If the inclusion of children within the covenant had represented a departure from Old Testament practice, then we might have expected some indication in the New Testament that this change was to be made. For example, when the dietary restrictions are lifted, this is noted (Mark 7:19; Acts 10:9-16). Or, when circumcision and complete adherence to the Mosaic law are rejected, this is noted (Acts 15). Luke, it might be said, notes a departure from the Old Testament practice of only males receiving the covenant sign by pointing out that both men and women were being baptized (Acts 8:12). – Mark E. Ross
I find in this quote one of the weightiest arguments for covenantal infant baptism in the hearing of people with a Torah-positive persuasion.
Which is ironic, because we disagree with much of what is said above, but our disagreement is made upon the same logic with which we agree: if there is to be a departure from Old Testament practice, then we ought to expect a specific and convincing indication in the New Testament that this change is to be made.
Mark 7:19 and Acts 10:9-16 do not provide a specific and convincing case for change to the food laws, we correctly argue. Acts 15 does not argue for a rejection of Mosaic law (except when viewed as a means of justification), we accurately opine. Therefore, having accepted the validity of this argument, that a clear and convincing change for discontinuity between the expected orthopraxy of the testaments must be found in the New Testament for a change to be considered scripturally valid, how much more should we be the ones to argue that since no clear, convincing, specific change in relation to the inclusion of children in the covenant community is made in the New Testament, we must expect that God will continue to include the children of covenant participants in that covenant community!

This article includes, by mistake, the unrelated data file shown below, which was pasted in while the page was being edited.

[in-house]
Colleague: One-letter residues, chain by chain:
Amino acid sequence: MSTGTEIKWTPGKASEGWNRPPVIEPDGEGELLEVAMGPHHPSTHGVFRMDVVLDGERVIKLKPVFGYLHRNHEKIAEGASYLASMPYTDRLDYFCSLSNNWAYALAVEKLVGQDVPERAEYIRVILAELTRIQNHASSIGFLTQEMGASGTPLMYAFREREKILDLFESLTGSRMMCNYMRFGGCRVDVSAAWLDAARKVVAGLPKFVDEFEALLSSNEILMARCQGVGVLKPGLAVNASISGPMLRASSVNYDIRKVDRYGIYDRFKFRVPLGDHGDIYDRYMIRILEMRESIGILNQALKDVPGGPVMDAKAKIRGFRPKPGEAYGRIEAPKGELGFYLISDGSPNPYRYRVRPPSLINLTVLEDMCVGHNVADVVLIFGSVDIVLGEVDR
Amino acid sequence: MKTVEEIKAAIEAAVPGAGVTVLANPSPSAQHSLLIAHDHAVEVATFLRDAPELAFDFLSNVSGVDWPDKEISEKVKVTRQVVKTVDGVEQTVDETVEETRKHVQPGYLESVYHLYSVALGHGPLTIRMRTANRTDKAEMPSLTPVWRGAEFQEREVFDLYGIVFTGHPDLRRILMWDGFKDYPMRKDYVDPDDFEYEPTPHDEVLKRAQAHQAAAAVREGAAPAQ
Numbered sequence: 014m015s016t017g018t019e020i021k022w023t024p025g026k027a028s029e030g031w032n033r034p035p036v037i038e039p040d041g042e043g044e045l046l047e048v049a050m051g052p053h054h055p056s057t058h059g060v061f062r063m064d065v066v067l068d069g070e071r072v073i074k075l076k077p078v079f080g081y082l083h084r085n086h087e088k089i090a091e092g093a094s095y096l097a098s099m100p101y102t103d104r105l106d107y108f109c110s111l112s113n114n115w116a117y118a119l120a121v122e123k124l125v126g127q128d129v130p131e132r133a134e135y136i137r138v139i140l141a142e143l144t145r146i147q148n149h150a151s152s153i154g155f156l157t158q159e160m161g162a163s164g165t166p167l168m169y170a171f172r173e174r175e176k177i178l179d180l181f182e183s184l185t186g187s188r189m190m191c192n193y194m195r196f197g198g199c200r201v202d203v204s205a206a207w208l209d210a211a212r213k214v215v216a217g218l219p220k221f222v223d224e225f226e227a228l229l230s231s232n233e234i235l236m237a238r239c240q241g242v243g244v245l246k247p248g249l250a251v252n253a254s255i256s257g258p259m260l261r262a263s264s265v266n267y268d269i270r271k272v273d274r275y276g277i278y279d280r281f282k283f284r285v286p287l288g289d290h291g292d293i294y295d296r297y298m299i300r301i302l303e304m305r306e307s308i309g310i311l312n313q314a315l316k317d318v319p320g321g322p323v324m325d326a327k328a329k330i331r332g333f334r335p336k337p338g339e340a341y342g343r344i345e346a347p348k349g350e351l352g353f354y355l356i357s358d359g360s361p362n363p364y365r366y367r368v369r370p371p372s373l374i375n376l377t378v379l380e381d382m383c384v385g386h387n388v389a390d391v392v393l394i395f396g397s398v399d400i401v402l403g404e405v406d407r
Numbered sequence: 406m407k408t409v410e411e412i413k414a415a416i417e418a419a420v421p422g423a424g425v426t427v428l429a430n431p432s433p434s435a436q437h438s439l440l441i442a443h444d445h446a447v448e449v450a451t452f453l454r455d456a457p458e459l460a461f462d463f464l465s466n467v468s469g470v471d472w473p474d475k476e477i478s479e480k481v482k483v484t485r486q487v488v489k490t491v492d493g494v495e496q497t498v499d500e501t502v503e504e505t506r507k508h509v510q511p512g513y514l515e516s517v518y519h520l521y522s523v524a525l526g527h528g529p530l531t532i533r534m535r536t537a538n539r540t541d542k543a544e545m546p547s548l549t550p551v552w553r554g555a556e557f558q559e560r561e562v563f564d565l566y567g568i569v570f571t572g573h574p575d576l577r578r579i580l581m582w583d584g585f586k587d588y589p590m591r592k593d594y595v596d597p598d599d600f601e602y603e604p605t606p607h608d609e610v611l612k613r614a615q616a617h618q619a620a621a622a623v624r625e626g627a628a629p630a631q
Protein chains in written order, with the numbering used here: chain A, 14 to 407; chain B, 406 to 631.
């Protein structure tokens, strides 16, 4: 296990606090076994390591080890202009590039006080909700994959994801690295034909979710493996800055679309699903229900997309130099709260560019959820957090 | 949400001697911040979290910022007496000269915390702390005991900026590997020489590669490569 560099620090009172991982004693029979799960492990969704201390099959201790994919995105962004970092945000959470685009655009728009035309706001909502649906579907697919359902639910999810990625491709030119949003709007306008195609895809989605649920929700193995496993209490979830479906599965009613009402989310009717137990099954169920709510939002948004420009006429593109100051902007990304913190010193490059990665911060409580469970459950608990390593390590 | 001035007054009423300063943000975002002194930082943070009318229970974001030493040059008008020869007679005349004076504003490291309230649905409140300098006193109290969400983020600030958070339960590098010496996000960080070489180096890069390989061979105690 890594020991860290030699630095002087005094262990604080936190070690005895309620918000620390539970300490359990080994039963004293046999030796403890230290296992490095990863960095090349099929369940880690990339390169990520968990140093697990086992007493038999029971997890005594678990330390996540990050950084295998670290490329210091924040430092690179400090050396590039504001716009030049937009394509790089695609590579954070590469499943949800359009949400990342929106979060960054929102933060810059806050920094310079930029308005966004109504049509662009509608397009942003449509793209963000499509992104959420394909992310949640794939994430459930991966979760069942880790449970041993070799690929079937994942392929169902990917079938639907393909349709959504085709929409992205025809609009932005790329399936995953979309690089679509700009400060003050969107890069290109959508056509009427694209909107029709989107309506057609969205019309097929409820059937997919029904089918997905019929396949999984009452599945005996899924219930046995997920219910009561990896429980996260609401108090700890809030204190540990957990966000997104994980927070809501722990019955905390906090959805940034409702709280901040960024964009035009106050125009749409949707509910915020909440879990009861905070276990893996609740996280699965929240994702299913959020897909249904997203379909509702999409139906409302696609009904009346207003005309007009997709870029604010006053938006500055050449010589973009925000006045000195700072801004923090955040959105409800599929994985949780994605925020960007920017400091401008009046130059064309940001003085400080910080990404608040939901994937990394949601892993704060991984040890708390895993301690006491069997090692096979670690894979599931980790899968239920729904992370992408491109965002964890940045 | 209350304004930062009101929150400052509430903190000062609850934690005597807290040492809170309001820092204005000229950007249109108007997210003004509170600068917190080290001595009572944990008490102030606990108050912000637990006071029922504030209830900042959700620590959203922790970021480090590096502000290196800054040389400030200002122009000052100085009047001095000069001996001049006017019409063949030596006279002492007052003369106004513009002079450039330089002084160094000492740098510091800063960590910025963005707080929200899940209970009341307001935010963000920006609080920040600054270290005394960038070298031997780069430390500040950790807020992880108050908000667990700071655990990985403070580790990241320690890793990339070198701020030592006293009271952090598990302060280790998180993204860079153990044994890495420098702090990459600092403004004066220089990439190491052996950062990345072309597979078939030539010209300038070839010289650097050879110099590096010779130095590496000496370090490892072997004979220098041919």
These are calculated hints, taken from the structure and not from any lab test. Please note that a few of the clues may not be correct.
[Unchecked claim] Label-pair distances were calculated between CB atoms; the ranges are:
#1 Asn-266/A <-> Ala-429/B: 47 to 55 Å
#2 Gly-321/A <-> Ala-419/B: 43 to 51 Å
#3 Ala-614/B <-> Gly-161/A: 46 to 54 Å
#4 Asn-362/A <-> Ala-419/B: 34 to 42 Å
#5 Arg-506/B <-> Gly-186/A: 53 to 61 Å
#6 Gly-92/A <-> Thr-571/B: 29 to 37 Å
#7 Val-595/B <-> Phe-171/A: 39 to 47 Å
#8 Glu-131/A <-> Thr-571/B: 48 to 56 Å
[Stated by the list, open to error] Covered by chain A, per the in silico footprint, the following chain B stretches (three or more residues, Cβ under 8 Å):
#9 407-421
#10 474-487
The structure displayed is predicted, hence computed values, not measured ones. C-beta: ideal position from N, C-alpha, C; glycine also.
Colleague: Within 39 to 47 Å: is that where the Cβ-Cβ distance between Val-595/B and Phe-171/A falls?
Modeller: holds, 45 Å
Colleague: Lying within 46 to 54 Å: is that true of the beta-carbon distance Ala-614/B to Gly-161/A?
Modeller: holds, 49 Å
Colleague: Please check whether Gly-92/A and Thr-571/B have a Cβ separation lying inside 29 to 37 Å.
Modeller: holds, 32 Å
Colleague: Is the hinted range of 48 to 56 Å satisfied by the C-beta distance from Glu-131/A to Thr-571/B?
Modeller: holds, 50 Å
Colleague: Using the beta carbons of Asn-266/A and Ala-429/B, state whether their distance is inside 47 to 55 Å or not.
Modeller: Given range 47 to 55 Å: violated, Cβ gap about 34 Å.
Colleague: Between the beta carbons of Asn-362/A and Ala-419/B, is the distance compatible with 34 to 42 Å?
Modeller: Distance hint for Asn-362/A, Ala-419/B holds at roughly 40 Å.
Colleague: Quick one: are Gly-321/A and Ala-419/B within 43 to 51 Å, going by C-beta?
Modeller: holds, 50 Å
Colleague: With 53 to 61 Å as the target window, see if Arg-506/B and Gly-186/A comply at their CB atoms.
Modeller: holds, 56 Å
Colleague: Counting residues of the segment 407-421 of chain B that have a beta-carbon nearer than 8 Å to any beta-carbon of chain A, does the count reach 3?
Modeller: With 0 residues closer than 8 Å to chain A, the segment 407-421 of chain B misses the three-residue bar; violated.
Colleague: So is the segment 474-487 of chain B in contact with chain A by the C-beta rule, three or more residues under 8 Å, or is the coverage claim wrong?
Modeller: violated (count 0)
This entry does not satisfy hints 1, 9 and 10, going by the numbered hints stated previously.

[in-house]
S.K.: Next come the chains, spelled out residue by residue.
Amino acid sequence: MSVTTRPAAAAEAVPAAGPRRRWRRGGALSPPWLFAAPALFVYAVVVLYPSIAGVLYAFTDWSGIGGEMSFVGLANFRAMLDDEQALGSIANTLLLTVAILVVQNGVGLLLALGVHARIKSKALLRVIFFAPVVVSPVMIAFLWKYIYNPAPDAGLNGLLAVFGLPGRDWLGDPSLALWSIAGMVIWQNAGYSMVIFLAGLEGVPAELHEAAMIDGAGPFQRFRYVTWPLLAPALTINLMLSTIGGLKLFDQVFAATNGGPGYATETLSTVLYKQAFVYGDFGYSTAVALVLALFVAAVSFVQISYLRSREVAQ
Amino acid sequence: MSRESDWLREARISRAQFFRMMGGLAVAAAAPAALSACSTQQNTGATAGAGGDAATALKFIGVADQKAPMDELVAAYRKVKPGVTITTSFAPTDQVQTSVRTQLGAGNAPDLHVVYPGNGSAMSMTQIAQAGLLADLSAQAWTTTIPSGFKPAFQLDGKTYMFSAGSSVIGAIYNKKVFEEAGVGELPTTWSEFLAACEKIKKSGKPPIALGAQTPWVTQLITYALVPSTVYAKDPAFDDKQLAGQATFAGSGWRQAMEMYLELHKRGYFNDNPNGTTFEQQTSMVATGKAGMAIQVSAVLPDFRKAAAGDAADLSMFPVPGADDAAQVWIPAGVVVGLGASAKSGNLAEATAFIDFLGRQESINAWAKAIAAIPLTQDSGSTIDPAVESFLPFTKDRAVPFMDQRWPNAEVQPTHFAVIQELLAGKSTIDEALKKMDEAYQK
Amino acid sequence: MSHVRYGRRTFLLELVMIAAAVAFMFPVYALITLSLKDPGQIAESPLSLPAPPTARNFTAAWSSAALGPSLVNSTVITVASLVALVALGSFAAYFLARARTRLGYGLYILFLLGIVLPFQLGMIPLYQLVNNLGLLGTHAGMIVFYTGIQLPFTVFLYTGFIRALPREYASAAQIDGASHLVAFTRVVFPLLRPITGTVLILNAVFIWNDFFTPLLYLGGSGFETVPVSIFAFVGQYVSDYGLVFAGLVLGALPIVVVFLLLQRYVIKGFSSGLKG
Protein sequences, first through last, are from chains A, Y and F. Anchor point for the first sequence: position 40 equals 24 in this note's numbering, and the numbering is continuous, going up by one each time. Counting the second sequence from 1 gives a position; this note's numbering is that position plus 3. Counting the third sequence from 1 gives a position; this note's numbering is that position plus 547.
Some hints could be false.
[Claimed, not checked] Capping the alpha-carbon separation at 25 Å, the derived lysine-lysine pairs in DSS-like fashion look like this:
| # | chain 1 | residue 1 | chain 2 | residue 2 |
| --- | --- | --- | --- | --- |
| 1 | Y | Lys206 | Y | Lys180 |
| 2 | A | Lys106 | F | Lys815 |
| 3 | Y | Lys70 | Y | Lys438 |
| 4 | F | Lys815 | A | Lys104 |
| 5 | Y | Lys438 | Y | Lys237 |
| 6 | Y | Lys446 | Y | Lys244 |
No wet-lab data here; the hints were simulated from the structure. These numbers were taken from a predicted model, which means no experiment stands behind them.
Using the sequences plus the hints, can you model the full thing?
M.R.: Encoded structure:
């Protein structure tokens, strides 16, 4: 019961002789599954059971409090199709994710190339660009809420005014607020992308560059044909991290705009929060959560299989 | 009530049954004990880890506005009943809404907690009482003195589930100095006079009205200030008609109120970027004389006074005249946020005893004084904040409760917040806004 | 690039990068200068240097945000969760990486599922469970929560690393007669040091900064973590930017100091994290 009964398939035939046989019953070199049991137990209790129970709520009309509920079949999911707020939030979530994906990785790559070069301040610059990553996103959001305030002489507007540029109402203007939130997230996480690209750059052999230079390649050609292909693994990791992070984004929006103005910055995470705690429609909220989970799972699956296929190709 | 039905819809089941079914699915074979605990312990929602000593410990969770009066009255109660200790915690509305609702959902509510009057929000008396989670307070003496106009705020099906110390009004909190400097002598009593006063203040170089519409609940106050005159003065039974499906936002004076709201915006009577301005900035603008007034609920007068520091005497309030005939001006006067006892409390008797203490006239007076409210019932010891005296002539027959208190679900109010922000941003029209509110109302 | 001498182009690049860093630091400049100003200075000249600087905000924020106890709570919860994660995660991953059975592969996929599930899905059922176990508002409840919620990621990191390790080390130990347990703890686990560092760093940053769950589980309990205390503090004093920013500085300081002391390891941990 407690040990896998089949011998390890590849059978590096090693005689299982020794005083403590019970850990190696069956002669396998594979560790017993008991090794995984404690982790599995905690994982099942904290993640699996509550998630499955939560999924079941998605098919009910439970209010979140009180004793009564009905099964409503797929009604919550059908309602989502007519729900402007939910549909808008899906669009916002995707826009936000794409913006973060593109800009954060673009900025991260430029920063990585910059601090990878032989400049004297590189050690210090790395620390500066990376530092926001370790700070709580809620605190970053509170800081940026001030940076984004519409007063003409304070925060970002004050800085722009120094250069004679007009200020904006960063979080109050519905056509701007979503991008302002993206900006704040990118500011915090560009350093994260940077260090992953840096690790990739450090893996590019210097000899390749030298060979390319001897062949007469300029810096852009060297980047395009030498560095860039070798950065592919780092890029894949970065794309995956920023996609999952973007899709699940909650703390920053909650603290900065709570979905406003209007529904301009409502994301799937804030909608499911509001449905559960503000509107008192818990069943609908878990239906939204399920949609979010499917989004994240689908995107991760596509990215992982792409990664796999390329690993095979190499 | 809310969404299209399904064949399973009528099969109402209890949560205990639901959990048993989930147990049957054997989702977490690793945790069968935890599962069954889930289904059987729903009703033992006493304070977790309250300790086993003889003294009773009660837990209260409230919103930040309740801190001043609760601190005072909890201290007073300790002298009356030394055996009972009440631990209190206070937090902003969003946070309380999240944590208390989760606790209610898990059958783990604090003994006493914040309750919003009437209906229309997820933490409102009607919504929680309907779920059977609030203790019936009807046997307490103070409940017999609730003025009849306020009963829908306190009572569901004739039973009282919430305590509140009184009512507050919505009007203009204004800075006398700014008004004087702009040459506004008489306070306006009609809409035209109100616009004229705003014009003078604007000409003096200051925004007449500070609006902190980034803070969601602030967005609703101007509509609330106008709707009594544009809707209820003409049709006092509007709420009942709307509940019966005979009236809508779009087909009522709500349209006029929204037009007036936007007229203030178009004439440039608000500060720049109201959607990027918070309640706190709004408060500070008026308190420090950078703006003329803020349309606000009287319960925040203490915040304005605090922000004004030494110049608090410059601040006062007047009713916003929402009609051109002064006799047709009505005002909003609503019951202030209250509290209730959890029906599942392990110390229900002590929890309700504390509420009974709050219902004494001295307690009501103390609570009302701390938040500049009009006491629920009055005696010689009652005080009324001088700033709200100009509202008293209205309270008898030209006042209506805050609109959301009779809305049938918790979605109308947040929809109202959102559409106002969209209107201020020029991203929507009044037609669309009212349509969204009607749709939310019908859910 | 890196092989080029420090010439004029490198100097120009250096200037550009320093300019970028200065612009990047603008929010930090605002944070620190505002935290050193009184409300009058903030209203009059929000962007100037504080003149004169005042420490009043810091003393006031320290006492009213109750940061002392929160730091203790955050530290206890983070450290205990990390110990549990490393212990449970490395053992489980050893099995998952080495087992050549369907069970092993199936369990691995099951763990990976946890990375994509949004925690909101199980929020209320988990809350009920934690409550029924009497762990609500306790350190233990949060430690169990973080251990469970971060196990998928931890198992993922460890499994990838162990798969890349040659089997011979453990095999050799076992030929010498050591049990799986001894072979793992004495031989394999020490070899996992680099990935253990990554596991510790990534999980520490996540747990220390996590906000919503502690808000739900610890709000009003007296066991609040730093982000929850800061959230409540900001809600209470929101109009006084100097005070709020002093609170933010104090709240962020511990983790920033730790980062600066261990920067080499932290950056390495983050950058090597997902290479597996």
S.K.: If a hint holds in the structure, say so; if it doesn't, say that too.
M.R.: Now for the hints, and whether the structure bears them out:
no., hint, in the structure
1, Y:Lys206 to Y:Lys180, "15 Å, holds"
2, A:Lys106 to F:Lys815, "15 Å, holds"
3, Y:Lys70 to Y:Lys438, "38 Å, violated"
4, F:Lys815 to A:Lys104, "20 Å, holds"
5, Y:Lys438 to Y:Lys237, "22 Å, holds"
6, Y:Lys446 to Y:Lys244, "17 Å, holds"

Lest I be misunderstood, let me hasten to again quote approvingly from this same article:
“Baptism does not signify and seal that a given individual has certainly been forgiven of sins and accounted righteous in the eyes of God. It signifies and seals that those who believe will be washed from their sins and accounted righteous before God.” 
Torah-positive Community, you have been put on notice: it is time to get consistent in our beliefs. Let us abandon the remaining detritus of our former perspective of discontinuity, and embrace a fully coherent conviction of continuity in the progressive revelation of God’s covenantal economy of salvation.
 Mark E. Ross, “Baptism and Circumcision as Signs and Seals” in The Case for Covenantal Infant Baptism, ed. Gregg Strawbridge. P&R Publishing: Phillipsburg, NJ, 2003.Kindle Locations 1221-1225.
 Ibid, (Kindle Locations 1042-1043).